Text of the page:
The objective of the study was to assess the effect of prophylactic negative-pressure wound therapy on surgical site infections and other wound complications in women after cesarean delivery.Data Sources
We searched Ovid Medline, Embase, SCOPUS, Cochrane Database of Systematic Reviews, and ClinicalTrials.gov.Study Eligibility Criteria
We included randomized controlled trials and observational studies comparing prophylactic negative-pressure wound therapy with standard wound dressing for cesarean delivery.Study Appraisal and Synthesis Methods
The primary outcome was surgical site infection after cesarean delivery. Secondary outcomes were composite wound complications, wound dehiscence, wound seroma, endometritis, and hospital readmission. Heterogeneity was assessed using Higgin’s I2. Relative risks with 95% confidence intervals were calculated using random-effects models.Results
Six randomized controlled trials and 3 cohort studies in high-risk mostly obese women met inclusion criteria and were included in the meta-analysis. Six were full-text articles, 2 published abstracts, and 1 report of trial results in ClinicalTrials.gov. Studies were also heterogeneous in the patients included and type of negative-pressure wound therapy device. The risk of surgical site infection was significantly lower with the use of prophylactic negative-pressure wound therapy compared with standard wound dressing (7 studies: pooled risk ratio, 0.45; 95% confidence interval, 0.31–0.66; adjusted risk ratio, –6.0%, 95% confidence interval, –10.0% to –3.0%; number needed to treat, 17, 95% confidence interval, 10–34). There was no evidence of significant statistical heterogeneity (I2 = 9.9%) or publication bias (Egger P = .532). Of the secondary outcomes, only composite wound complications were significantly reduced in patients receiving prophylactic negative-pressure wound therapy compared with standard dressing (9 studies: pooled risk ratio, 0.68, 95% confidence interval, 0.49–0.94).Conclusion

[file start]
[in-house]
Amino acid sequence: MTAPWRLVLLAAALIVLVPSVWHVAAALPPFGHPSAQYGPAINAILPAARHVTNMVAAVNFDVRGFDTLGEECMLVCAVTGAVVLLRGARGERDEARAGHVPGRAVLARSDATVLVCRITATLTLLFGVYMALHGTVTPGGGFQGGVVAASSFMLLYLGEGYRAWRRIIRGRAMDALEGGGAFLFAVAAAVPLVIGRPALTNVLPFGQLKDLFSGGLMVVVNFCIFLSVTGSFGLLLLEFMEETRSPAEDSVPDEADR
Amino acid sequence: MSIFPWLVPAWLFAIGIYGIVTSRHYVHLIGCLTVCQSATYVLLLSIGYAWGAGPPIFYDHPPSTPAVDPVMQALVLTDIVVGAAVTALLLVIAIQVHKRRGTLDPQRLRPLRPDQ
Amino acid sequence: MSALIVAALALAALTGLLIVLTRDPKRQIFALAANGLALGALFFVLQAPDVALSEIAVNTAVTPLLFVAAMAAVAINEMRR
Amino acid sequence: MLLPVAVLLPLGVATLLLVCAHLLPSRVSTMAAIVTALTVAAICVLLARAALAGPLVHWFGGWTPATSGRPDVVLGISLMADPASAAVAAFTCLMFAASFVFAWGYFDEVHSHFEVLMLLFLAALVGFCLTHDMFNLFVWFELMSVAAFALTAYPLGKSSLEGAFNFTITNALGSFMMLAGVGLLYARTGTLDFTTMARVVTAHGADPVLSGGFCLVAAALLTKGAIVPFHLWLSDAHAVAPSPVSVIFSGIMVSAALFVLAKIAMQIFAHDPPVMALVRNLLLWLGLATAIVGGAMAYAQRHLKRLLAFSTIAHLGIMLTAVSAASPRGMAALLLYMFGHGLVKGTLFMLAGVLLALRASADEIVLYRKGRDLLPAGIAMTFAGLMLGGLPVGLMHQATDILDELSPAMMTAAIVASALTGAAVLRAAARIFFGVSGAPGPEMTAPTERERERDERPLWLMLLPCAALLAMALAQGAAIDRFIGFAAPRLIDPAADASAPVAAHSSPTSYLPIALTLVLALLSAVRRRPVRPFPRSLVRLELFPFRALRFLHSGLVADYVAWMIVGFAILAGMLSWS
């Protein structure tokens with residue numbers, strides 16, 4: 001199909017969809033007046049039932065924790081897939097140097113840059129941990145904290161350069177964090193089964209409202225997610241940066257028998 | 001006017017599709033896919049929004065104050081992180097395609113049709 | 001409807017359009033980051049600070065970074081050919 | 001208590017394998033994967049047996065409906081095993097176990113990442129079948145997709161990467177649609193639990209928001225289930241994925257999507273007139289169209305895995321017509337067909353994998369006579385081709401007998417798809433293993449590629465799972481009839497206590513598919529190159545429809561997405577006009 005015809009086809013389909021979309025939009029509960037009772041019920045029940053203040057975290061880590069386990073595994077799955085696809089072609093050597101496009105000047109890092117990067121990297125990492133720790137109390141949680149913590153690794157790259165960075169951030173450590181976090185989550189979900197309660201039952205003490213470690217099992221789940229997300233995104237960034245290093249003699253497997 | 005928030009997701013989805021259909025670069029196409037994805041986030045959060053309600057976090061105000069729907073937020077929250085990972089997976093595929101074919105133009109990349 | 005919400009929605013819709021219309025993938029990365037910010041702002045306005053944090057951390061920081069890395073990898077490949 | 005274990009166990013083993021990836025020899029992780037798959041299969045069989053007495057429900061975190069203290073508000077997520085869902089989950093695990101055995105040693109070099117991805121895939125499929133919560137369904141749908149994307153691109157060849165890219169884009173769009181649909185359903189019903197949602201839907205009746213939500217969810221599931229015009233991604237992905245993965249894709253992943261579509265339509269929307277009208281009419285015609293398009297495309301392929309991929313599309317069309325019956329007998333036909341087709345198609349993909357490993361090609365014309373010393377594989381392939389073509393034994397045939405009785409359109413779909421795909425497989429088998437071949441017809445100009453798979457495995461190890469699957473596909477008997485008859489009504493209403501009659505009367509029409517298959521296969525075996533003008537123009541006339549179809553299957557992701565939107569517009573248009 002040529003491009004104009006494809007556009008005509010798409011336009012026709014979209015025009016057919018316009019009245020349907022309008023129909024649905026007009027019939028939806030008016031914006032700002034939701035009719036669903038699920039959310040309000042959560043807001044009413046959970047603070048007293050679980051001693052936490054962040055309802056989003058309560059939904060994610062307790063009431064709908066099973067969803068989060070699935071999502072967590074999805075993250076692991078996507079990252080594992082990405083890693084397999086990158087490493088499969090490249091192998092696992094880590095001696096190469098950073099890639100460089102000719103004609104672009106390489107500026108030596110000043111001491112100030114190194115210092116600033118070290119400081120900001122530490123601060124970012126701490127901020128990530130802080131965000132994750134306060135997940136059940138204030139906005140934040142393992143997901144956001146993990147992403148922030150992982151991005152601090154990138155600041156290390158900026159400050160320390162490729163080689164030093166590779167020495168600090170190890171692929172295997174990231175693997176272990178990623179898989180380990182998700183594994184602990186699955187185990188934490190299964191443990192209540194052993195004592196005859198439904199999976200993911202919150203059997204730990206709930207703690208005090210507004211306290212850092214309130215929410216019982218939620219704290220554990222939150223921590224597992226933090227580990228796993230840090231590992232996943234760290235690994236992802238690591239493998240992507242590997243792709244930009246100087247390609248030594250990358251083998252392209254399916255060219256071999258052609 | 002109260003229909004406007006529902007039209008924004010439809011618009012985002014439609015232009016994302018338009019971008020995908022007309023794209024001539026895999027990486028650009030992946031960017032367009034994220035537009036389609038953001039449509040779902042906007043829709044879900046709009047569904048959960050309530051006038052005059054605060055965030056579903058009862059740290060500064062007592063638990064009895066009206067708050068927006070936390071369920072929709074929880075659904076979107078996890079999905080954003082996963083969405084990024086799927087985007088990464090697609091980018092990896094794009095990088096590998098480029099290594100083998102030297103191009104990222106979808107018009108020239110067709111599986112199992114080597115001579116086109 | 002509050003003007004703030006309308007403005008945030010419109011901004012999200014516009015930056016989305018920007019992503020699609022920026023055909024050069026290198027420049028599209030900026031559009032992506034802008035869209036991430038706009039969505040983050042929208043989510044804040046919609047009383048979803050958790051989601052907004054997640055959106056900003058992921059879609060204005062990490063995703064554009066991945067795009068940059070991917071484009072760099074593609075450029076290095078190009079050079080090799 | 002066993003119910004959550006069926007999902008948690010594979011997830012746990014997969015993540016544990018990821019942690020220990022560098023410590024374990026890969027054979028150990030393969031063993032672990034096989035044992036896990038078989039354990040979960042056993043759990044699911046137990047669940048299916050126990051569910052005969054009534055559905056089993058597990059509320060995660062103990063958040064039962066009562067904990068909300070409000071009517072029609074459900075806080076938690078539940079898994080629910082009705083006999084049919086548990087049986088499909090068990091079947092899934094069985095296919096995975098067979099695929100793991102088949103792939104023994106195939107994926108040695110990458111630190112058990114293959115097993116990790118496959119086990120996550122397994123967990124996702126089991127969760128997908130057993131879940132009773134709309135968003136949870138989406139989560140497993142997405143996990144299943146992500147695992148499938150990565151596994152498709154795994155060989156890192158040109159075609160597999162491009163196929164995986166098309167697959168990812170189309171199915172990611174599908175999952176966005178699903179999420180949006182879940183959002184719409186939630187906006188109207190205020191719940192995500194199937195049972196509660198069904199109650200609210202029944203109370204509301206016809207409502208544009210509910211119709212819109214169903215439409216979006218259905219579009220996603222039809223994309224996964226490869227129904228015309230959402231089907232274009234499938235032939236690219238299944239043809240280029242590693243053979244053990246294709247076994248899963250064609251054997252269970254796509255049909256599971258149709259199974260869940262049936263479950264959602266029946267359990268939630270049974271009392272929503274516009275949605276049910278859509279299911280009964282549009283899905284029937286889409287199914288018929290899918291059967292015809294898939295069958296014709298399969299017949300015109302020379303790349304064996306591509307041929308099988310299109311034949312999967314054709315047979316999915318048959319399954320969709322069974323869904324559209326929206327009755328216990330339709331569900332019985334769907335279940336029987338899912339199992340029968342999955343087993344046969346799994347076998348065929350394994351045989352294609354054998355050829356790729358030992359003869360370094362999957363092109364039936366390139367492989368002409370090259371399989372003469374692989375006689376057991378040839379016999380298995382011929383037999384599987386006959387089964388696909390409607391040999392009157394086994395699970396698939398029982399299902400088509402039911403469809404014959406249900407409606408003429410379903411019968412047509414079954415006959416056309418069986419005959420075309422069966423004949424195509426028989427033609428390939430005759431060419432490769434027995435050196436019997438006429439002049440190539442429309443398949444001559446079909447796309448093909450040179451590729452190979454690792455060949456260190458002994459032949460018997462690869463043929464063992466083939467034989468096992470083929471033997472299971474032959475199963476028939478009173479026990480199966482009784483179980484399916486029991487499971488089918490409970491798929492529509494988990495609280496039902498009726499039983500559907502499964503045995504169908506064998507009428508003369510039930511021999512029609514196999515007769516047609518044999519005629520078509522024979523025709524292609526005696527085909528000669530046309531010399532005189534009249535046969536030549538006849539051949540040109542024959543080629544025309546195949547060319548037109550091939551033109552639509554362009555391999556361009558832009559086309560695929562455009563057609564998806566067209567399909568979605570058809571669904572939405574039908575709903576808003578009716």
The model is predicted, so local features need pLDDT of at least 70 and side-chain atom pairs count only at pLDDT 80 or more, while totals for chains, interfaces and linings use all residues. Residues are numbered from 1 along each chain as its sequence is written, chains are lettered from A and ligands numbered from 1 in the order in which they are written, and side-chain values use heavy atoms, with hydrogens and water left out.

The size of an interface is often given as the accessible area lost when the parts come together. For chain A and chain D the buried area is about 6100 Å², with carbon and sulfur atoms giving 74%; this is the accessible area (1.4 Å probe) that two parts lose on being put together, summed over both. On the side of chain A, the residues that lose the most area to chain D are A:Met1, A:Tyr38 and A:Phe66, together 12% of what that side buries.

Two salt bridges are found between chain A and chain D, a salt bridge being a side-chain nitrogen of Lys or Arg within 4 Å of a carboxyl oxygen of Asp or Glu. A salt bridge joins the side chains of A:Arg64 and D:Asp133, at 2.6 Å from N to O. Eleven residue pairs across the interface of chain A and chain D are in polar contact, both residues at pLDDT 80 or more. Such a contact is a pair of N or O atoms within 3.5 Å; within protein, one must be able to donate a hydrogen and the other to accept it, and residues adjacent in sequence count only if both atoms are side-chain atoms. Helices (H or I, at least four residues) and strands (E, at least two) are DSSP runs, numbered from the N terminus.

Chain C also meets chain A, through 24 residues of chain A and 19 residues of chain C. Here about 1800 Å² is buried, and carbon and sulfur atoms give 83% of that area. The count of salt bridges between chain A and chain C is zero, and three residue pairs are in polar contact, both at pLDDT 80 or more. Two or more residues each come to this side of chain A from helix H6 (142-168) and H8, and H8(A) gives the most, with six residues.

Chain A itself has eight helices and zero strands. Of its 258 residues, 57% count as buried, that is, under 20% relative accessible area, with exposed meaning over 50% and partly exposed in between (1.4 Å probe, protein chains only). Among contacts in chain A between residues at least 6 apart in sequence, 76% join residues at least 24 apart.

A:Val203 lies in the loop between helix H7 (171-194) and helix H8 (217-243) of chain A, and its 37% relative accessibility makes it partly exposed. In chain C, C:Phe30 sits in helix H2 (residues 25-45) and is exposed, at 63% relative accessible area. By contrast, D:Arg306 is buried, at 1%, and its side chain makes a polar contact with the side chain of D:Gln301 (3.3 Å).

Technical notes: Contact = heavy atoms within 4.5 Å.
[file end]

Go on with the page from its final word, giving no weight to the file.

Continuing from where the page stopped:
Studies on the effectiveness of prophylactic negative-pressure wound therapy at cesarean delivery are heterogeneous but suggest a reduction in surgical site infection and overall wound complications. Larger definitive trials are needed to clarify the clinical utility of prophylactic negative-pressure wound therapy after cesarean delivery.